Auston Matthews and Morgan Rielly appreciate the quiet moments.
The ones off to the side, away from fans and media, where they get the opportunity to pick the brain of one of hockey’s best-ever talents.
Hayley Wickenheiser joined the Toronto Maple Leafs in a player development role four years ago, and after a promotion within the department in 2021, the four-time Olympic gold medallist with the Canadian women’s national team was named one of the club’s assistant general managers in July.
“She’s been awesome, somebody that I’ve leaned on for advice,” Matthews said at last month’s NHL/NHLPA player media tour. “That promotion … she deserves it. Her knowledge and her experience brings lots to the table — not just myself, but for prospects, for guys that are getting drafted.
“She’s been through a lot in her career and has experienced a lot,” Toronto’s star sniper added. “It’s cool to get her perspective on different things.”
Women have been hired in the NHL with increased regularity in recent years, but the game has seen a real push into positions of power over the last 12 months.
The Vancouver Canucks have a pair of female assistant GMs in Emilie Castonguay and Cammi Granato, the Chicago Blackhawks promoted Meghan Hunter, and the New Jersey Devils did the same with Kate Madigan. Angela Gorgone, during the 1996-97 season, is the only other woman to hold the role in league history.
It’s taken some time, but the NHLers of today’s game see an even brighter future for women.
“It’s amazing, it’s good to see,” Seattle Kraken winger Jared McCann said. “Women deserve more opportunity.
“And they’re getting it now.”
Other women brought on by NHL teams recently include former U.S. national team member Meghan Duggan with New Jersey, Canadian forward Rebecca Johnston with the Calgary Flames, and teammate Marie-Philip Poulin with the Montreal Canadiens.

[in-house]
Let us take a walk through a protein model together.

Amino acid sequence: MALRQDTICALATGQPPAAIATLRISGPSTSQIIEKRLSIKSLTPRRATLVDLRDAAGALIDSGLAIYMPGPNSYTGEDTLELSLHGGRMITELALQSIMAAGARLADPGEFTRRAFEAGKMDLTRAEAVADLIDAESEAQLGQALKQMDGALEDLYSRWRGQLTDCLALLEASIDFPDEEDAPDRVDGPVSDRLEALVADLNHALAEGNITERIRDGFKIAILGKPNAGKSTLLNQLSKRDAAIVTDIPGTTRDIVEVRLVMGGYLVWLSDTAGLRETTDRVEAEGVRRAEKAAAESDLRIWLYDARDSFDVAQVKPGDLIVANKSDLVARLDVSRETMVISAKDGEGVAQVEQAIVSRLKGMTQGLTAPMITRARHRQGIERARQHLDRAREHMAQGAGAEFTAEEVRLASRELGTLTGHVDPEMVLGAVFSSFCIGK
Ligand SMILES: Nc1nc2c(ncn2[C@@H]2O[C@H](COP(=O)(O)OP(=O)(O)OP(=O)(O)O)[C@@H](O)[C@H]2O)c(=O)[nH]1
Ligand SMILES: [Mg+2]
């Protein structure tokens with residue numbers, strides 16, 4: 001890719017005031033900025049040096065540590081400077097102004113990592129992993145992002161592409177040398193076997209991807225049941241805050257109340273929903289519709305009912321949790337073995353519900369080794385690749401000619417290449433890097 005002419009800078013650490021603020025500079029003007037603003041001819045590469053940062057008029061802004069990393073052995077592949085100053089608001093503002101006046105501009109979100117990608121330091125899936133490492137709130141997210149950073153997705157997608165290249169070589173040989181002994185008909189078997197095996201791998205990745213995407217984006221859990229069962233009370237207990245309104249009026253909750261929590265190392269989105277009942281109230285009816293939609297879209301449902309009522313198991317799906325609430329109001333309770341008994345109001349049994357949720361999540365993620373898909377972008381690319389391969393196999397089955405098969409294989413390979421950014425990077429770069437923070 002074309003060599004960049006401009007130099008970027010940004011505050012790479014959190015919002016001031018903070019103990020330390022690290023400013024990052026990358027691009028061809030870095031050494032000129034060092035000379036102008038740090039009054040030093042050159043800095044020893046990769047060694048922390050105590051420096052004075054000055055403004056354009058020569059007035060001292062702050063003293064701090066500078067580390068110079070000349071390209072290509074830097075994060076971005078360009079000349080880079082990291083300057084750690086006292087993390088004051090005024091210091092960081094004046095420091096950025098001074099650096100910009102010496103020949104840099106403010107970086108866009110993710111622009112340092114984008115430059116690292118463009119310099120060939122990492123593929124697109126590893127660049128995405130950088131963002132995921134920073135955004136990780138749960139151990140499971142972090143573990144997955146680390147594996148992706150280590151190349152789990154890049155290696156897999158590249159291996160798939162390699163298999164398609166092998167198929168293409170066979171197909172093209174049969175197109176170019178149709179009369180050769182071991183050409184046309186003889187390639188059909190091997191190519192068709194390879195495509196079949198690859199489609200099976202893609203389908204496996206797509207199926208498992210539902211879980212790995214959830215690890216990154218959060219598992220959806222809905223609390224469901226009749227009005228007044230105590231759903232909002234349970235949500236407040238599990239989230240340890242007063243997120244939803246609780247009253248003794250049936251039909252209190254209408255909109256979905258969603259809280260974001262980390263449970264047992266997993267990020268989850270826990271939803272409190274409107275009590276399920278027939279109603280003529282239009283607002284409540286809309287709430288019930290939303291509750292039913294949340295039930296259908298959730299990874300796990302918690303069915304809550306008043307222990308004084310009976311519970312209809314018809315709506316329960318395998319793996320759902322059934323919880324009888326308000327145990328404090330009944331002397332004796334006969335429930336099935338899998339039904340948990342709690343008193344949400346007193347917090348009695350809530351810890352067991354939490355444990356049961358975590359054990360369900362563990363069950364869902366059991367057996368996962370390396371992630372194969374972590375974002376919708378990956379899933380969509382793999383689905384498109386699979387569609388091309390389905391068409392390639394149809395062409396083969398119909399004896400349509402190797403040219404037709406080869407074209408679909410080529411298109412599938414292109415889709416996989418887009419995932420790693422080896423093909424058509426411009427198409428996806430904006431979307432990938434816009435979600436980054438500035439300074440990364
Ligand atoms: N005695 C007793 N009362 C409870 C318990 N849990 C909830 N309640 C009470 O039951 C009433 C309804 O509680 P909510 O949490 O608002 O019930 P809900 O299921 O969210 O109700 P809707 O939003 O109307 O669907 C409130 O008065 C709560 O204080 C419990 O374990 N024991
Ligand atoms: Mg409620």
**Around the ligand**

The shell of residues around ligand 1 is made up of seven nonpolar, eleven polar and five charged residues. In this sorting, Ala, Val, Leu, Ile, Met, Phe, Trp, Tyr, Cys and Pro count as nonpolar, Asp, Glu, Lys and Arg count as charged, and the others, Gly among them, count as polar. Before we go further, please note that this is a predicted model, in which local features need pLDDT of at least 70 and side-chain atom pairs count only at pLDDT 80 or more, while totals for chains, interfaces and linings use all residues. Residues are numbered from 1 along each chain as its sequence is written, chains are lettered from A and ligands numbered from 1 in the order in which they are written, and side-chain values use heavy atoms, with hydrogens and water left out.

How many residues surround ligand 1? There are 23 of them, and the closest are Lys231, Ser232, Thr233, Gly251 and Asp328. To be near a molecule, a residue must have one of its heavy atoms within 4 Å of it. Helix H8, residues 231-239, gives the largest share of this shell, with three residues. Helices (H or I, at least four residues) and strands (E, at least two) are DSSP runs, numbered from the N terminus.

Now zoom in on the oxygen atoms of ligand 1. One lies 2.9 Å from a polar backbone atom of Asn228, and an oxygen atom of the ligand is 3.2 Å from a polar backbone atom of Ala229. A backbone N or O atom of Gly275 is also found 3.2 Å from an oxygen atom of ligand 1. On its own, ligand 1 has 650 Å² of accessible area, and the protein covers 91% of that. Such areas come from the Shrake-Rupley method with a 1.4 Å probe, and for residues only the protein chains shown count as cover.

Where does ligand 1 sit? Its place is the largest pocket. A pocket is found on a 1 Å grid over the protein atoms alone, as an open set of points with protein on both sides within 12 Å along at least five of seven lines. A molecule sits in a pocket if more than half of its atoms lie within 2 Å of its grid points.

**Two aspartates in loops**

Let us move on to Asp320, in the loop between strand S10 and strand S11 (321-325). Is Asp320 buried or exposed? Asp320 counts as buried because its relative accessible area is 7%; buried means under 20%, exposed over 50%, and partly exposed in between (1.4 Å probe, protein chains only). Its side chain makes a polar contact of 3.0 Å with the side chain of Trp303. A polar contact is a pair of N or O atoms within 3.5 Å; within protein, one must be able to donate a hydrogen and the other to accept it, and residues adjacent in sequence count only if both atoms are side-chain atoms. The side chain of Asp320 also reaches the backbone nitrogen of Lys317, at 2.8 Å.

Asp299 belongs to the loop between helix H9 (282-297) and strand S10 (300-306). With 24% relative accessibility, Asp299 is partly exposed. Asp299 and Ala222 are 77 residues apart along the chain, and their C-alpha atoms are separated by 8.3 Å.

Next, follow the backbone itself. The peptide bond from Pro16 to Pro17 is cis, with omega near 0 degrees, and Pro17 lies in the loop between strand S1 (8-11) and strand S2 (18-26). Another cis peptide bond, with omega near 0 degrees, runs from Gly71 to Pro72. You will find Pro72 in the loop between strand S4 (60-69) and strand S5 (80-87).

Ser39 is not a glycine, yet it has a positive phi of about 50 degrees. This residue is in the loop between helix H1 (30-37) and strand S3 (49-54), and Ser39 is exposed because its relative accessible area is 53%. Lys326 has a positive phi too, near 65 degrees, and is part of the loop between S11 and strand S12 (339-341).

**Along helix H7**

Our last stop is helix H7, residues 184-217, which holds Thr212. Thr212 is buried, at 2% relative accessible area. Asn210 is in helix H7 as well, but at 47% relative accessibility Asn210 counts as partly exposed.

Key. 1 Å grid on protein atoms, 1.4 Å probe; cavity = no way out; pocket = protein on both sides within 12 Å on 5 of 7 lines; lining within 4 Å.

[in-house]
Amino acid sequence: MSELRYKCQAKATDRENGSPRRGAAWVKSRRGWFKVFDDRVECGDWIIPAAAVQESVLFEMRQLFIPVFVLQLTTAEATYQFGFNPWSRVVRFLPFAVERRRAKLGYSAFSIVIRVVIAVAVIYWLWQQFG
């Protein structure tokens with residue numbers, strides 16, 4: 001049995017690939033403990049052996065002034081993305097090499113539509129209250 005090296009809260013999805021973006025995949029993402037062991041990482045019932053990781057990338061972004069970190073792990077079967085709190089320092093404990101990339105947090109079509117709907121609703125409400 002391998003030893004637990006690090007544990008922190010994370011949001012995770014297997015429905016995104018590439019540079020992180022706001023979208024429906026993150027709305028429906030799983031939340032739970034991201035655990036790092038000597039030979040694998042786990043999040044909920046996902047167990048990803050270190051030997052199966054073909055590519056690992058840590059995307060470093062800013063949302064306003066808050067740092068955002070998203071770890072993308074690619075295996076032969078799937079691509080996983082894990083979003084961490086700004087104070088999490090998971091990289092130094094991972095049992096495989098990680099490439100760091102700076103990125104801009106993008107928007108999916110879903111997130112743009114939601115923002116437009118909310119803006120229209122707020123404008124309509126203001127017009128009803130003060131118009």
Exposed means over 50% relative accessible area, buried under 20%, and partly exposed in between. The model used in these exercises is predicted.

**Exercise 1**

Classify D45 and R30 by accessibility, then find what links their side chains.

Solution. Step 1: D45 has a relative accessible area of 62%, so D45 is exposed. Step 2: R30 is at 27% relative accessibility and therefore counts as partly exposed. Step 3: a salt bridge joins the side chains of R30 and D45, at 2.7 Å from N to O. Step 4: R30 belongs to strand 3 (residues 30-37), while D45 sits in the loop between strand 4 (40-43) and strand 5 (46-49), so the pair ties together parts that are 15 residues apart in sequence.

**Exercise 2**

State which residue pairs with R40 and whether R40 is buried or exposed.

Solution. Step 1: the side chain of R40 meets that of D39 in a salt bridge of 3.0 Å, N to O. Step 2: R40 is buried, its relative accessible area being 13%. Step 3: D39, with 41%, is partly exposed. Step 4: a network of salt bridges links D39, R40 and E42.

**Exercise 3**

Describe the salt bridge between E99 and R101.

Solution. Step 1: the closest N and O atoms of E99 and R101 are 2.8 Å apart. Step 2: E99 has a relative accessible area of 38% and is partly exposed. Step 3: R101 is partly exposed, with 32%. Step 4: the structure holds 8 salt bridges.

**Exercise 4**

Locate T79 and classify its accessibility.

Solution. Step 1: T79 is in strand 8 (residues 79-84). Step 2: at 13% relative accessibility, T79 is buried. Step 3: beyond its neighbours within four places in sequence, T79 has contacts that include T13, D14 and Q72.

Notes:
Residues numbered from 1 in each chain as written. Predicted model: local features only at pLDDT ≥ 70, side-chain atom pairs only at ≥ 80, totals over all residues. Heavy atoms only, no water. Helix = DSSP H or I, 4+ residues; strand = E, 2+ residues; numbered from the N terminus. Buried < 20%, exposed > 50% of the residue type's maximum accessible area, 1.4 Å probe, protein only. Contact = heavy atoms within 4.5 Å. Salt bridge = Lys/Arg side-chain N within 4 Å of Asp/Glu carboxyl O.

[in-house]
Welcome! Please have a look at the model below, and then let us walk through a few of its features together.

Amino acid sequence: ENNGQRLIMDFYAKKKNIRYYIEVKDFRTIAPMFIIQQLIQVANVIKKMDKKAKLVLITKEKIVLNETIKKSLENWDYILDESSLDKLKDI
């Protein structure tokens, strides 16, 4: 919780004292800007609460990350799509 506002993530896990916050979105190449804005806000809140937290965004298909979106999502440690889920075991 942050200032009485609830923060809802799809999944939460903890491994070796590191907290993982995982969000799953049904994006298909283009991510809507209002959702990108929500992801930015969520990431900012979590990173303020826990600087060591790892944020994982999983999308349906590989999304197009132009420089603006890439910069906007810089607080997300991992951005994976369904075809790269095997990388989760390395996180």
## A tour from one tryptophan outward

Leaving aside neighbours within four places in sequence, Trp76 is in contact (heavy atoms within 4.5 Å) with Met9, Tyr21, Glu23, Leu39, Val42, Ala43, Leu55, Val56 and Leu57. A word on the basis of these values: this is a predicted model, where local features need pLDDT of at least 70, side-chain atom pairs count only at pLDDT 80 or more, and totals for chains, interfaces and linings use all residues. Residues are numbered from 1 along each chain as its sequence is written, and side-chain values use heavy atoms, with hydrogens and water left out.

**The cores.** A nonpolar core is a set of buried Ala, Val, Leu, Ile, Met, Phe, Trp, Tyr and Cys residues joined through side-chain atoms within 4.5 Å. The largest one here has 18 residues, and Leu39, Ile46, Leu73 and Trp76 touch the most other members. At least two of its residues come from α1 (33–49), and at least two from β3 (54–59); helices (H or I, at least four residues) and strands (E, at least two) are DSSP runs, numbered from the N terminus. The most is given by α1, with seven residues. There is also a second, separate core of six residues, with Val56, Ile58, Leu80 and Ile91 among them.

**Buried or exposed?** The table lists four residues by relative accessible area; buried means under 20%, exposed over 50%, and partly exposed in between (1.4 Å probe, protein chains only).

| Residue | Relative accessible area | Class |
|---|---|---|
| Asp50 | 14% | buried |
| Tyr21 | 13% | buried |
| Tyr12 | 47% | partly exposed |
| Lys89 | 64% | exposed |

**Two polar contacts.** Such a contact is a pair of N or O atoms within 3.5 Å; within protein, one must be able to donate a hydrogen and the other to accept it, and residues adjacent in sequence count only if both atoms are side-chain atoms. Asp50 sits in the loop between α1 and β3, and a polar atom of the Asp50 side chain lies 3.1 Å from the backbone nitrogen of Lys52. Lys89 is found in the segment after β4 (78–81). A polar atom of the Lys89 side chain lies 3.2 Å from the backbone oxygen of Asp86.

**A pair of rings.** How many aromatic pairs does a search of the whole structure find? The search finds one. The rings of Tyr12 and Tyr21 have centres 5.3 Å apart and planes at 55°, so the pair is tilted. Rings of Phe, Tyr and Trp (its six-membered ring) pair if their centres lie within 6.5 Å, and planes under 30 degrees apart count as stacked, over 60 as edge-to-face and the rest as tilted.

Rielly said Wickenheiser’s promotion to assistant GM was a no-brainer in Toronto.
“Amazing experience in sport and extremely deserving,” said the Leafs defenceman. “It’s an awesome opportunity for her to prove that gender is not important. It’s about if you’re capable of doing the job.
“Hayley is extremely capable.”
Matthews said having Wickenheiser, who’s also a medical doctor and Hockey Hall of Fame inductee, has been an important resource.
“She’s very calm, cool, collected,” said the reigning Hart Trophy winner as NHL MVP. “Easy to talk to and lean on for different things, whether it’s on the ice, off the ice, pressure. She’s somebody that’s been through a lot and has experienced quite a bit.
“It’s unique to have somebody like that within the organization.”
The NHL has never had a female GM or head coach — the Washington Capitals hired Emily Engel-Natzke as the league’s first female assistant when she joined Peter Laviolette’s staff this summer — but as the sport moves forward, it feels like that time is coming.
“It’s going to be a cool moment,” New York Islanders centre Mathew Barzal said. “Hopefully I’m still playing when something like that happens.”
“Probably not that far (off),” said Canadiens captain Nick Suzuki, before adding of Poulin: “Awesome ever since she joined the organization. It’s cool to just speak to her about her experiences. She’s probably the best women’s player and she’s done so many things. It’s great to just learn off her.”
NHL deputy commissioner Bill Daly said the influx of women is good for the league.
“We don’t micromanage how our clubs conduct their hiring practices,” he said. “But we certainly encourage what’s happening, and for more candidates to be considered, and for different candidates to be considered, and to be more inclusive in their approach. It’s picked up a momentum.
“It seems like every morning I read about the next person hired who, five years ago, you wouldn’t have thought ever would have an opportunity. It’s a positive thing for the sport, and I expect that it’ll continue.”
Vancouver Canucks defenceman Quinn Hughes, along with younger brothers Jack and Luke, had a strong influence in the game growing up through their mom, former U.S. national team member Ellen Weinberg-Hughes.
He said gender shouldn’t matter when it comes where the jobs go.
“If you’re good enough for the role then you’re good enough,” Hughes said. “If you’re credible and you do a good job, that’s all that matters.”
And Rielly said the list of qualified candidates is a lot longer than the six women currently occupying assistant coaching or GM roles across the NHL.
“There are tons of women that are capable,” he said. “Hopefully there will be more opportunity out there.”
—Joshua Clipperton, The Canadian Press